Permanent GNSS/GPS Stations: Overview of Support Provided by UNAVCO
Permanent GNSS/GPS Stations - Overview
Permanently installed, continuous GPS stations have played a growing role in solid-Earth Science studies over the last decade. Although permanent installations are more expensive than episodic campaign surveys, they provide site motions at the highest precision and are especially suited to observing volcanic, post seismic, or other deformation transients. The UNAVCO Facility provides complete "cradle-to grave" permanent station support including proposal and budget preparation, site reconnaissance, installation and operation of stations, ongoing maintenance including daily monitoring of network performance and data quality checking and archiving. The service provided by the Facility is scalable and can be quickly tailored to a Principal Investigator’s (PIs) experience level. Unique services provided by the Facility include a single point of contact for all NSF and NASA-GGN permanent station installation and troubleshooting questions, an up-to-date permanent station database including data flow diagrams, individualized weekly network status reports emailed to PIs and collaborators, and a data archive that actively pushes data files to investigators via anonymous ftp.
Pre-Project Technical Support
The UNAVCO Facility frequently provides technical support to PIs in the initial design phase of a project. The UNAVCO Facility provides a single point of contact to the PI for support in a number of technical issues. Oftentimes, this support can be used as a resource for the PI in the proposal-writing phase of the project. The Facility can help the PI in answering a variety of questions including:
The UNAVCO Facility provides support to PIs in answering another critical question: How much will it cost to install this network? One of the services the UNAVCO Facility provides to PIs is the preparation of project budgets, which include equipment costs, engineer travel costs if needed, and purchased services costs such as ongoing satellite service expenses. These budgets can be presented in the project proposal to the NSF. In addition, the UNAVCO Facility can provide suggestions, including equipment-sharing strategies that could make their proposal stronger. Once the project is funded by NSF-EAR, the funds must be transferred internally within NSF between the awarding program and EAR Division. NSF EAR has agreed to pass those funds to UNAVCO, Inc. via established mechanisms.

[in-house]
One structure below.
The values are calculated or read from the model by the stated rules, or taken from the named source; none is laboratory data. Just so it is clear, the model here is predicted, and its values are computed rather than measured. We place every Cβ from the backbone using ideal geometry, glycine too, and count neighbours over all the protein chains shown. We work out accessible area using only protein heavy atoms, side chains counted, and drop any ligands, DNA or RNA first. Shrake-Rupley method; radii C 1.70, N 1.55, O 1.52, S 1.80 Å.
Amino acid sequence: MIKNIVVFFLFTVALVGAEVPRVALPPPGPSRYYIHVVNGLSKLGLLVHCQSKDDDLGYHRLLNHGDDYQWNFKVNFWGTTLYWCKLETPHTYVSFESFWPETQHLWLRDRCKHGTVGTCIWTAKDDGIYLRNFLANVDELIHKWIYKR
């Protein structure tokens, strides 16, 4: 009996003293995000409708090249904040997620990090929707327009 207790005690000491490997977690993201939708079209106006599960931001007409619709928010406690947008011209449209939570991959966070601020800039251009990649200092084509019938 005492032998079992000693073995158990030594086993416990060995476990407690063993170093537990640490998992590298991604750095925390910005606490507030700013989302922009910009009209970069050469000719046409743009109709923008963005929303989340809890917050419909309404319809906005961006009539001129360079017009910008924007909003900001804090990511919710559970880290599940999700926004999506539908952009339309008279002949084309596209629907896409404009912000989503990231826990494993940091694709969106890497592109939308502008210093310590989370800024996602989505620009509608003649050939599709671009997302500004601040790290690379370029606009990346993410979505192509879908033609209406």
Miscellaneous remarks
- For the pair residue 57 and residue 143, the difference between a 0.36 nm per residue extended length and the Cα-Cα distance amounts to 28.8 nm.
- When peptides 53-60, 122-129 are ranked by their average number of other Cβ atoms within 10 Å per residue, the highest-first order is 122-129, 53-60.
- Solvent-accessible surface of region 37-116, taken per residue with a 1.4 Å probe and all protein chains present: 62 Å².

Online Request for Support
Once a science proposal has been funded by NSF-EAR, the PI can request UNAVCO support via the online form. The PI should use this form, even if the only request is for data archiving. However, the PI can request any level of support from budget preparation to project planning, design, testing, or network installation Once the request has been submitted, the PI should expect some sort of follow-up, either by phone or email from the UNAVCO Facility. In most cases, a UNAVCO Facility network engineer will contact the PI to discuss the details of the project.
If requested, the UNAVCO Facility can provide almost any level of the project planning support for the PI. This support includes scheduling of resources and hardware, negotiations with foreign collaborators, as well as the design, purchasing, fabrication, and testing of equipment to be installed in the permanent GPS network. A two-week burn-in period, including a GPS data quality check, is mandatory before sending equipment into the field. The only part of a project that is not considered to be the responsibility of the Facility is in the station permitting.